A North Carolina teen was not given his high school diploma after he read his own speech at graduation, instead of one the school wrote for him.
As Southwest Edgecombe County High School's senior class president, Marvin Wright was supposed to write a speech and read it aloud at graduation, according to WRAL. He said he worked hard to write a speech for the graduation ceremony. Wright claimed on the day of graduation, he was told by school administrators that he could not read his speech. Instead, he was told to read a speech written for him by the school.
“I felt robbed of a chance to say my own words,” Marvin told The Washington Post.
Wright, 18, chose to read his speech. Marvin’s mom, classmates and teachers urged him to read his prepared words. His speech can be read in full here. He praised his mom, God, and his classmates as well as school faculty.
“...I would like to thank all of the parents and family members for the unconditional love you have provided my classmates and I during our unpredictable phases of life, for ultimately sticking with us through thick and thin, and giving us constant guidance. I would like to also thank the faculty and staff of Southwest for instilling knowledge and preparing us for the next chapter that we will soon embark on,” he stated in his speech.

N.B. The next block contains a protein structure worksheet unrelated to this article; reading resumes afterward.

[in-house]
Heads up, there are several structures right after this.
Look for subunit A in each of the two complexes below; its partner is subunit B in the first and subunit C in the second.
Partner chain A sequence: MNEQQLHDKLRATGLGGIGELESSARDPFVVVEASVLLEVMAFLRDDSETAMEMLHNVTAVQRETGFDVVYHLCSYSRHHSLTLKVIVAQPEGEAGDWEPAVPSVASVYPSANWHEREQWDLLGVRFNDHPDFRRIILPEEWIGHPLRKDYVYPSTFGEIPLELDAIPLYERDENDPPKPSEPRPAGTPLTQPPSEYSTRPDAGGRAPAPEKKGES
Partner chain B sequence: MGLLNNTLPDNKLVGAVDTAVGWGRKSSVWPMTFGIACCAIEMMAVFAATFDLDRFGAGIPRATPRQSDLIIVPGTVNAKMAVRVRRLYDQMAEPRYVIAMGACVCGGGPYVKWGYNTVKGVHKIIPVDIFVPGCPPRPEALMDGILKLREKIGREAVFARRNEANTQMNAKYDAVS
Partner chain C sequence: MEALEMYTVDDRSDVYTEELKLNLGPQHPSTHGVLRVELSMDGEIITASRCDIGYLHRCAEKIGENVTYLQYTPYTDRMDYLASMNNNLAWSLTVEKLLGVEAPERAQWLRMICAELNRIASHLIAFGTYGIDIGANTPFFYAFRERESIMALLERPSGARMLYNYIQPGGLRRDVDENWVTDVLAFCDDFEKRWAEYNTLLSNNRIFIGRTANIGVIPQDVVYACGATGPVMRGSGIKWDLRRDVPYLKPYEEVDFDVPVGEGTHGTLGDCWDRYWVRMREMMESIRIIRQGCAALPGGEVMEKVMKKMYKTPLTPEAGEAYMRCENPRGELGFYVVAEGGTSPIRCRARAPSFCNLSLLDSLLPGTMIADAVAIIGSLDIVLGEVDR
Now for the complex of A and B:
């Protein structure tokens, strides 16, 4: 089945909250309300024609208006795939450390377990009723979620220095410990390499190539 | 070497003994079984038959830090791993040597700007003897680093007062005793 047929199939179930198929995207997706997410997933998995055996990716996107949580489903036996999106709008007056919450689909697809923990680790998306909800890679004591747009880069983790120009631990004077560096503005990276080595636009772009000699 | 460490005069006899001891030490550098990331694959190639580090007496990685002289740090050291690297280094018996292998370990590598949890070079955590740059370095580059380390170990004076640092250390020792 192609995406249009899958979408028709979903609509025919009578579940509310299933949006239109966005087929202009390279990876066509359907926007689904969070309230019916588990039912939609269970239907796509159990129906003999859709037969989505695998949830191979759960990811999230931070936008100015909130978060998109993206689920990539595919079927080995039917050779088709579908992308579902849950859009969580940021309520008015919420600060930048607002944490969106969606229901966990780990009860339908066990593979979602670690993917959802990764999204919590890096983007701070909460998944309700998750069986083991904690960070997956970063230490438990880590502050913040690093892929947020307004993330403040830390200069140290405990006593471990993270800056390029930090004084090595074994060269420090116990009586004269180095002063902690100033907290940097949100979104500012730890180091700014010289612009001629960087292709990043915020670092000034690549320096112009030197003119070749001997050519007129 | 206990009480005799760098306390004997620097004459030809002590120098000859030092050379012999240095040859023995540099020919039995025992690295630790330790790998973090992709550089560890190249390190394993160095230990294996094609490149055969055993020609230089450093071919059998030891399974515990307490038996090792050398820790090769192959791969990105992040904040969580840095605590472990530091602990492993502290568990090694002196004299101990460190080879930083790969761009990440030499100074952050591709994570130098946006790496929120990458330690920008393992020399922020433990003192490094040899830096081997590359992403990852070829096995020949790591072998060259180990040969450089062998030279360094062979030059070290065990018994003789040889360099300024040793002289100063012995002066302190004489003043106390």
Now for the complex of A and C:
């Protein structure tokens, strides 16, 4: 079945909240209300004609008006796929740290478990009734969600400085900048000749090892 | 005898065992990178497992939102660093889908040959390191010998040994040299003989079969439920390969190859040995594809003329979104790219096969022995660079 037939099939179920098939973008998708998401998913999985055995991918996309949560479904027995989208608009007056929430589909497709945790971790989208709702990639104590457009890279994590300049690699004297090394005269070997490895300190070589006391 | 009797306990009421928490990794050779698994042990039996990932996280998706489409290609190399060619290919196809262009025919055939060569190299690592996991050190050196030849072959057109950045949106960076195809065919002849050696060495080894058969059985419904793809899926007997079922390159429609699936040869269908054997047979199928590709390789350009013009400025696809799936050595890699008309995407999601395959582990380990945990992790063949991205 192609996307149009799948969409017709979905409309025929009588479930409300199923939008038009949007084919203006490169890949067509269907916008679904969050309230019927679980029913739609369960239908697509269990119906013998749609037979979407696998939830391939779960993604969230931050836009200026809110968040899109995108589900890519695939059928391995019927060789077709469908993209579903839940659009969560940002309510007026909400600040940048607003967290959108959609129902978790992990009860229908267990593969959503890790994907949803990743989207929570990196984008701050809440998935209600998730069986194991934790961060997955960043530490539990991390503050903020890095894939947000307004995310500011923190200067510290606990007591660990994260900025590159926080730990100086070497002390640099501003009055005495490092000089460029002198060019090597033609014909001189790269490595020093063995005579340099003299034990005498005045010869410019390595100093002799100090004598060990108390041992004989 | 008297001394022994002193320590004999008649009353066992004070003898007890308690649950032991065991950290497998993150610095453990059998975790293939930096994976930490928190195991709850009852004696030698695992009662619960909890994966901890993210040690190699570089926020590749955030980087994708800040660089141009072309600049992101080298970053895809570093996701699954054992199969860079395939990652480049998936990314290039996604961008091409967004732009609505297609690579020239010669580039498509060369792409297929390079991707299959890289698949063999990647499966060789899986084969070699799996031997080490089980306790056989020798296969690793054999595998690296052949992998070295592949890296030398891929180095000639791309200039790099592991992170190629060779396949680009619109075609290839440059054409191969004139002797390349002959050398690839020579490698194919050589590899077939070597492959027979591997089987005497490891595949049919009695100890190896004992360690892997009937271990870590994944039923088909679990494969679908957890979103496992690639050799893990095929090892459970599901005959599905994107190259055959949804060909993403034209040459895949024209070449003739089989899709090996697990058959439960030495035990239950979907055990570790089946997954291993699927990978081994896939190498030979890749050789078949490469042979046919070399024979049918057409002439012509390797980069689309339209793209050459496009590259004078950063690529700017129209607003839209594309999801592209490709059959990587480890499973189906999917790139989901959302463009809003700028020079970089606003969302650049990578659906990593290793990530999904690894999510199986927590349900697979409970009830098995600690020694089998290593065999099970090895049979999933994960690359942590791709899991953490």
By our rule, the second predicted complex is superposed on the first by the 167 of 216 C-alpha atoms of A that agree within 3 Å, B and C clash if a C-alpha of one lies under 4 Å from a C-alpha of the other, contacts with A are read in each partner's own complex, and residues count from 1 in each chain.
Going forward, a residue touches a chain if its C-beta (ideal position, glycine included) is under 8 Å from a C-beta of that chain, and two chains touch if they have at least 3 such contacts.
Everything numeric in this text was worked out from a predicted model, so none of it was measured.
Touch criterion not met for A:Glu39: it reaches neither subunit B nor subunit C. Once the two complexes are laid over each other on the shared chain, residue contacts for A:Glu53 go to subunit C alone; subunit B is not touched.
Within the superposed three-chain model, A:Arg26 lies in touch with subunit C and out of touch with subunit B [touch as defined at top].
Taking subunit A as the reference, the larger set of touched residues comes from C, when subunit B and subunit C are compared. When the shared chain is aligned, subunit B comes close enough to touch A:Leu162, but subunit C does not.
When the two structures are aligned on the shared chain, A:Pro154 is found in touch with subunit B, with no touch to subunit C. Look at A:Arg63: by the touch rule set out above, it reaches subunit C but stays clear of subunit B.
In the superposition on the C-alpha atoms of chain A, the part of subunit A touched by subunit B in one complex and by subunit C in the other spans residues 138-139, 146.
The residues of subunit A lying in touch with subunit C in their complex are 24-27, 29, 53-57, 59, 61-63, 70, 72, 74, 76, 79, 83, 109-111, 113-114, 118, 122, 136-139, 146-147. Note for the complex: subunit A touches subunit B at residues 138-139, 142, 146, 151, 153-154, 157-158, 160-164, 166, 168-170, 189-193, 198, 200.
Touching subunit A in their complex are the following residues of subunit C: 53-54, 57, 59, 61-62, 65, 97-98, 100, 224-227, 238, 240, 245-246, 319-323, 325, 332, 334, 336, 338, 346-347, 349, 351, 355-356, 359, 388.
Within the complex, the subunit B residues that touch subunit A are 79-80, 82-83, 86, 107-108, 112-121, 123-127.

In video of the graduation, school administrators are visibly upset about his decision. When he left the stage, his principal had taken his diploma.
"My thing to him was to follow your heart," his mother, Jokita Wright said in the WRAL report. "He put God first. He spoke about parents, his classmates and spoke about his mom."
In a statement a school spokesperson said there was nothing wrong with the content of Wright's speech.
"The expectation is that all graduation speakers read the speech that has been prepared and placed at the podium...It is very unfortunate that his diploma was pulled and it should not have happened. An apology has been issued to Marvin and his family," the statement said.
The school had prepared for Wright to read this short speech instead: “I would like to thank all of our friends and family for being here tonight. I would also like to address my fellow graduates one last time before we leave this gym. Although we may all never be in the same room at the same time again, we will always share the memories that we created within these walls. And no matter what we all do after graduation, never forget that this is one place that we all have in common, this place is home. Congratulations graduates, we did it!”
When Wright was elected senior class president, his adviser told him he would have to write a graduation speech, according to the Washington Post. He said he received tips from the previous year’s senior class president, and listened to numerous commencement speeches online for inspiration.
Wright's principal hand-delivered his diploma to Wright’s home and the superintendent apologized to him over the phone.
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